Unit 1 Introduction to Operating System
Most Frequently Asked Question with Answer
Q1. Write down the different types of an operating system and also write function of an operating system?
Types of Operating Systems:
- Single-user operating systems: These are designed to be used by only one user at a time. Examples include Windows 10, macOS, and Linux distributions such as Ubuntu, Fedora, and Debian.
- Multi-user operating systems: These are designed to be used by multiple users simultaneously. Examples include Windows Server, UNIX, and Linux distributions such as CentOS and Red Hat Enterprise Linux.
- Real-time operating systems: These are designed for systems that require quick response times and predictable behavior. Examples include systems used in robotics, medical equipment, and aerospace.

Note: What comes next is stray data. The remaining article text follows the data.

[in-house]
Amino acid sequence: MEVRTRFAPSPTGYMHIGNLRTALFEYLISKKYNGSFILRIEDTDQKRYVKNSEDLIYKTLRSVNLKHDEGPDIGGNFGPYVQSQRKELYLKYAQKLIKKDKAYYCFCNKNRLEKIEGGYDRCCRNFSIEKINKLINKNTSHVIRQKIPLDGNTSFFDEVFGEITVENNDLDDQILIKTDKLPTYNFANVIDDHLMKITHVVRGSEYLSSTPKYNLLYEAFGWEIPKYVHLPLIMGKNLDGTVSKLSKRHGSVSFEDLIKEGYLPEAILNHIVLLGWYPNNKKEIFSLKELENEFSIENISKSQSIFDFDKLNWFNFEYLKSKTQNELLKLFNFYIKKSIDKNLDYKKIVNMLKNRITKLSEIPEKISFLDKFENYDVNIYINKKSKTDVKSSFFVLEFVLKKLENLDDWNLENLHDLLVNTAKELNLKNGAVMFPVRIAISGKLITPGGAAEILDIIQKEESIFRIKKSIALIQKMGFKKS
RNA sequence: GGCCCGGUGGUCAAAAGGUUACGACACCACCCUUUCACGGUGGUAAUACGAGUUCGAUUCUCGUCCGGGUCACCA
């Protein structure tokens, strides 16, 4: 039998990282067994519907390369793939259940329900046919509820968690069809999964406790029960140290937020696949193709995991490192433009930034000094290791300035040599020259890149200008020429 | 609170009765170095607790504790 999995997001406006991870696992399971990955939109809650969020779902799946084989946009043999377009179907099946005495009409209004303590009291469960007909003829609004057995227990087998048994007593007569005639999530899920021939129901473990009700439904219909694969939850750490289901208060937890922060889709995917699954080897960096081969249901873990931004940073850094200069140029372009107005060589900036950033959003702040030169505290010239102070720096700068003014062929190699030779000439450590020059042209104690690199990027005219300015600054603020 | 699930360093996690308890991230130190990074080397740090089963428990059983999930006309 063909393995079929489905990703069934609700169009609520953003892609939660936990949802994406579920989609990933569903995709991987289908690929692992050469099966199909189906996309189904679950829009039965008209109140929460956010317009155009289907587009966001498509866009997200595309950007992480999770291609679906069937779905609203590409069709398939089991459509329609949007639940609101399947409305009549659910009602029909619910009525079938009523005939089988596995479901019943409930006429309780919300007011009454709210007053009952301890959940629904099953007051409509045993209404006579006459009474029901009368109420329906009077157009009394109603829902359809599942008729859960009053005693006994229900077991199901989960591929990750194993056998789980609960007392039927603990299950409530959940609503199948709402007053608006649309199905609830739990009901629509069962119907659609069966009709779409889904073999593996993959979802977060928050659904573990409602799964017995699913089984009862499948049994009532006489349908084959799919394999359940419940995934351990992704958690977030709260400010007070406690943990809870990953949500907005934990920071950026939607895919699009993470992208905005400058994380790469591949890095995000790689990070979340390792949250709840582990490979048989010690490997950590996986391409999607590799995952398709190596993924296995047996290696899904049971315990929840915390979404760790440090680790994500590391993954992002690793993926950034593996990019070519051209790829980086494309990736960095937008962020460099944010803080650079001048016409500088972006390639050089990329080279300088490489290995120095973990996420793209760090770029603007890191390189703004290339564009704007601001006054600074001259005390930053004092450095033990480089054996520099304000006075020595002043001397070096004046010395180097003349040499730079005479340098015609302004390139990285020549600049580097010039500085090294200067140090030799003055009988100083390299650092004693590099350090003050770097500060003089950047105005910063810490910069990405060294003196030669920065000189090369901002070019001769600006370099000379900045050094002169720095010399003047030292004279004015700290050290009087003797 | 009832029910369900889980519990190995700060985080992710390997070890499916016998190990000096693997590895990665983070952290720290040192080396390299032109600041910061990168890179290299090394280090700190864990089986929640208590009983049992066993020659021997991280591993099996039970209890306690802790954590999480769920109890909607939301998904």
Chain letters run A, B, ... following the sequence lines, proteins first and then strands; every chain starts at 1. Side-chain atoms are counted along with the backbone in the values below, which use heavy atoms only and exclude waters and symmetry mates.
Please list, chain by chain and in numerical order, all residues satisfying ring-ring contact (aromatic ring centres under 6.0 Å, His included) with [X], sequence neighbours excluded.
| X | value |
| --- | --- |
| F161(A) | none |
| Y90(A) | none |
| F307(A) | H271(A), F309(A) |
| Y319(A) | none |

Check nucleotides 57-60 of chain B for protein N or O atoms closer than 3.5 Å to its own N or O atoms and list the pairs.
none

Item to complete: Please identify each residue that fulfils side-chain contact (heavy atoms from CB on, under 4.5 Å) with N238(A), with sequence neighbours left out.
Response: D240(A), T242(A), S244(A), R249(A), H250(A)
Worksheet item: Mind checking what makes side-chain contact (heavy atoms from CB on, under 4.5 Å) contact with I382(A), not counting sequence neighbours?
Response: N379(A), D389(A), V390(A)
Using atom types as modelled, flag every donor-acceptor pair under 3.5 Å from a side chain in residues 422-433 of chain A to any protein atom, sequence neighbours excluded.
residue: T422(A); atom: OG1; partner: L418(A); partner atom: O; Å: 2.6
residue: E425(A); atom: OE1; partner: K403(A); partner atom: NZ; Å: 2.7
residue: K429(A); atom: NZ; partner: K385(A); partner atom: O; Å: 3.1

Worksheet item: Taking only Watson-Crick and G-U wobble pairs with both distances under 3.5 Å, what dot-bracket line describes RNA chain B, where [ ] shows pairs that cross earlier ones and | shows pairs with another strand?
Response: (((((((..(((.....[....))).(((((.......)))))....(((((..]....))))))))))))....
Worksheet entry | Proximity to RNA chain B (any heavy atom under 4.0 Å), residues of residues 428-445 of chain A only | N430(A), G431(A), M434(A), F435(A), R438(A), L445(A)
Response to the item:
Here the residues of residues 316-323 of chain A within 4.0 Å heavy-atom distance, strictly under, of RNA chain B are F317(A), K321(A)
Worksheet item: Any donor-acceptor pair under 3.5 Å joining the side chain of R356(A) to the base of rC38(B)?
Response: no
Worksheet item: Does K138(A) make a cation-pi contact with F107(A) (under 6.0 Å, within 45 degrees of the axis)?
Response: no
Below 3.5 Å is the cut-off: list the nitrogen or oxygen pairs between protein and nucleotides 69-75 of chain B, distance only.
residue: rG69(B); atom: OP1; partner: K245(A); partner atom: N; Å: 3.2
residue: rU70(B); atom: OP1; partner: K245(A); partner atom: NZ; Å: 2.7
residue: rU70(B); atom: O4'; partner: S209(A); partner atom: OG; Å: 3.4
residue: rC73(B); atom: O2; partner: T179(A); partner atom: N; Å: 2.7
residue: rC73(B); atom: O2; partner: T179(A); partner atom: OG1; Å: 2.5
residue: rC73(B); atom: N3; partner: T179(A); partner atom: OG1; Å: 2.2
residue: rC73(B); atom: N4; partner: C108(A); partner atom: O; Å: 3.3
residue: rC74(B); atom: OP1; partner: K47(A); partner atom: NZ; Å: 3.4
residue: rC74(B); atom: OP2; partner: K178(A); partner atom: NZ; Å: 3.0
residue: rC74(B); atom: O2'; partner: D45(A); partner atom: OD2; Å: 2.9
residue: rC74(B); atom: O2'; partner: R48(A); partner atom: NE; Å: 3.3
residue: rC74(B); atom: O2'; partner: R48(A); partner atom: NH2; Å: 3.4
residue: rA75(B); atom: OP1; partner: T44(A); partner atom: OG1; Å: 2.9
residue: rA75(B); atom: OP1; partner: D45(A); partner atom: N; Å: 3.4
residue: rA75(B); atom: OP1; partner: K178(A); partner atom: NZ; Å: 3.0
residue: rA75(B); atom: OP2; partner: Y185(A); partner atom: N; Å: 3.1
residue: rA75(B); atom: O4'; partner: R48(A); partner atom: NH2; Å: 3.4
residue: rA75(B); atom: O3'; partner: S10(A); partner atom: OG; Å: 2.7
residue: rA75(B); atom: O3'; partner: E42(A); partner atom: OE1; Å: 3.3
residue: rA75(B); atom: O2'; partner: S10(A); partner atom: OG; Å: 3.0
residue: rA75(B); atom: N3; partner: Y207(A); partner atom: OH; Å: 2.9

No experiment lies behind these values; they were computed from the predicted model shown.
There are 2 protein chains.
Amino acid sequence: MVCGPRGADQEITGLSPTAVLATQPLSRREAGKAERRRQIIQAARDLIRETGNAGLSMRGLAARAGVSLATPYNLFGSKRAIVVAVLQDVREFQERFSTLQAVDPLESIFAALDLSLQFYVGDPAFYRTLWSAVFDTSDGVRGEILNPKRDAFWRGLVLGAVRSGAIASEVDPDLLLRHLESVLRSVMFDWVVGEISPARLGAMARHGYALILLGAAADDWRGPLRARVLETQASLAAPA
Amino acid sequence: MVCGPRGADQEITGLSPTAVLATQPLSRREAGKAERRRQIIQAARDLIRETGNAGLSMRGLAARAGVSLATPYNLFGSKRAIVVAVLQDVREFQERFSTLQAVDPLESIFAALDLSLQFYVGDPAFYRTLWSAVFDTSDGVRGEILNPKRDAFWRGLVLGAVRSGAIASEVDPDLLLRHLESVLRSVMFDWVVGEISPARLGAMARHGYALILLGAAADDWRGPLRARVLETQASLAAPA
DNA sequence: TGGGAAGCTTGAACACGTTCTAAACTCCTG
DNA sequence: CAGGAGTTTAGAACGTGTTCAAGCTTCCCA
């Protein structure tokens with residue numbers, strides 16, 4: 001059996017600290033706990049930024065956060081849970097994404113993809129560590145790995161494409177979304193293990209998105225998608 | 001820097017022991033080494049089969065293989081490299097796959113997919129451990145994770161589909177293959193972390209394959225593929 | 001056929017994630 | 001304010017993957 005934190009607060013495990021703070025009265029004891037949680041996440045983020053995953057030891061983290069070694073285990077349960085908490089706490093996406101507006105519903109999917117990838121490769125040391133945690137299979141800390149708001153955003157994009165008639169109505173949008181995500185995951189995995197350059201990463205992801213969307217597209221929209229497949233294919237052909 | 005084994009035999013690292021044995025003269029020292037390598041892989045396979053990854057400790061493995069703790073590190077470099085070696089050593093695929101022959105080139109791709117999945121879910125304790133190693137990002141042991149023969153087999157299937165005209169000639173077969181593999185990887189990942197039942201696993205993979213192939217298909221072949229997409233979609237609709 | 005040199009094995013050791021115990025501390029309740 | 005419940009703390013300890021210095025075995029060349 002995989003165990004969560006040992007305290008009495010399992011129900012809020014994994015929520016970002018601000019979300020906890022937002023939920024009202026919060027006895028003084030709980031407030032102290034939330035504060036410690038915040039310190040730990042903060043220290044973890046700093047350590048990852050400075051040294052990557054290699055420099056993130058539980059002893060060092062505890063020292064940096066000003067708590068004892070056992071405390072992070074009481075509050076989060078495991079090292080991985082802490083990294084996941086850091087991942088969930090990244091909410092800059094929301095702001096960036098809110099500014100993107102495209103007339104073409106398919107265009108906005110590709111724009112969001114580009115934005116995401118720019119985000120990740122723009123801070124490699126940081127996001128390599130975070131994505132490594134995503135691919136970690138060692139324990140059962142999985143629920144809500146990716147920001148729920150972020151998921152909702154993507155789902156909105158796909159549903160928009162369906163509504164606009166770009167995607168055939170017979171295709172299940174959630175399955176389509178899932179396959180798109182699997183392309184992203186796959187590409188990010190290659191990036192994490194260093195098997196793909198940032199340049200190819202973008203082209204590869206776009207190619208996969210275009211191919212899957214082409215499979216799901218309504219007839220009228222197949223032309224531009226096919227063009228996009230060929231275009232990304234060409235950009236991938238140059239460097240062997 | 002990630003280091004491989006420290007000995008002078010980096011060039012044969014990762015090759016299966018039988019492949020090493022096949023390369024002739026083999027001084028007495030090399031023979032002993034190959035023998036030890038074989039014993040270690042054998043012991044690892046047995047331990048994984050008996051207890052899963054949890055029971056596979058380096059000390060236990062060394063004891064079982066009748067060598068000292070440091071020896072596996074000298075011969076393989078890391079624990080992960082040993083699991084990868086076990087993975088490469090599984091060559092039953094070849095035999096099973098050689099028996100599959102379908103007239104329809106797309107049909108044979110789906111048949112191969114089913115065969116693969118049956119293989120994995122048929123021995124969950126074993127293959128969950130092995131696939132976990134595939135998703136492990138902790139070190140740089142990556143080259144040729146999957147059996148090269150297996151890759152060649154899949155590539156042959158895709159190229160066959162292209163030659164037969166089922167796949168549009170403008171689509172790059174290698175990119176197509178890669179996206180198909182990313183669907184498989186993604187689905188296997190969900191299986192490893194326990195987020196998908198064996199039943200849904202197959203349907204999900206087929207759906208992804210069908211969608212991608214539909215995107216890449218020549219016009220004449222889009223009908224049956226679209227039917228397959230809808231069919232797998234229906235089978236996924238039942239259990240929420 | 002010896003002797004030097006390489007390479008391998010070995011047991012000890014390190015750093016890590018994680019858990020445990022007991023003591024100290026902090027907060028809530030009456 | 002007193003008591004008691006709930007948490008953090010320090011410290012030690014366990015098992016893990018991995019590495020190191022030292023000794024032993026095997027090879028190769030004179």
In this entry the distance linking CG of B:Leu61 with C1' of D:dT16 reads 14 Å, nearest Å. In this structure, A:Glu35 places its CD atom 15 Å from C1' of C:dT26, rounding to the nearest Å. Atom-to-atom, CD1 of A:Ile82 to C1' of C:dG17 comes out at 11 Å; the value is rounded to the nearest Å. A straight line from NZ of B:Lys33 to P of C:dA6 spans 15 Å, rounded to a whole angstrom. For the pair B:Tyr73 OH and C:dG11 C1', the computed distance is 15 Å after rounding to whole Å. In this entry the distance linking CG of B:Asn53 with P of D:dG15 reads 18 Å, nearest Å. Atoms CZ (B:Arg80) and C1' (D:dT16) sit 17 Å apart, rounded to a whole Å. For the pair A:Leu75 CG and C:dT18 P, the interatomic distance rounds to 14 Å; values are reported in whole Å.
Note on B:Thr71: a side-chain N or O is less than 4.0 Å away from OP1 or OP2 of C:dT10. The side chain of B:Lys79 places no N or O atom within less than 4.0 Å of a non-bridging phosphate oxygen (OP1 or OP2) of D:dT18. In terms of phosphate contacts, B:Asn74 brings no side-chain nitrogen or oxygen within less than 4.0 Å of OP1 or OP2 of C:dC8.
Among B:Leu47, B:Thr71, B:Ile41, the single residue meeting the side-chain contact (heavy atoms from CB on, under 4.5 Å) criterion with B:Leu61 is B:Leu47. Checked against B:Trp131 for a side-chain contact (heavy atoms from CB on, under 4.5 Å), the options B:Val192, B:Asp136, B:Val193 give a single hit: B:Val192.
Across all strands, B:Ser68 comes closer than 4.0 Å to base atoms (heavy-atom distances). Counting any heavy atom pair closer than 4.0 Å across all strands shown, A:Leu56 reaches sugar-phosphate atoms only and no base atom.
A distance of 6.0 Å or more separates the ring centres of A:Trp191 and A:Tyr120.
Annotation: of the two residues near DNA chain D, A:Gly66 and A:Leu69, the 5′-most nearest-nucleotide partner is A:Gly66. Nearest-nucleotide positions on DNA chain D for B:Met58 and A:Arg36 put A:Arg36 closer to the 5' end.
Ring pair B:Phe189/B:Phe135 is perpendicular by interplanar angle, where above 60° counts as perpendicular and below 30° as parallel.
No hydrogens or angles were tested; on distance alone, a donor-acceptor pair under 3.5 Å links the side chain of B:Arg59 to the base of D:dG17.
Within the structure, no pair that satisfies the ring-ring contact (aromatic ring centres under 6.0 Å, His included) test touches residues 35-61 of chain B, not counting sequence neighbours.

- Network operating systems: These are designed to manage and control network resources. Examples include Novell Netware, Microsoft Windows Server, and Linux distributions such as Ubuntu Server and Red Hat Enterprise Linux.
Functions of Operating Systems:
- Resource management: The operating system manages the computer’s hardware resources, such as memory, CPU, input/output devices, and storage.
- Memory management: The operating system allocates and deallocates memory to running programs, ensuring that each program has the necessary memory to run correctly.
- Process management: The operating system manages the execution of multiple programs, ensuring that each program gets the necessary CPU time and other resources to run correctly.
- File management: The operating system manages the creation, deletion, and manipulation of files and directories, ensuring that data is stored and retrieved efficiently and securely.
- Security: The operating system provides security mechanisms to protect the system and user data from unauthorized access and other security threats.
- User interface: The operating system provides a user interface for users to interact with the computer and run applications.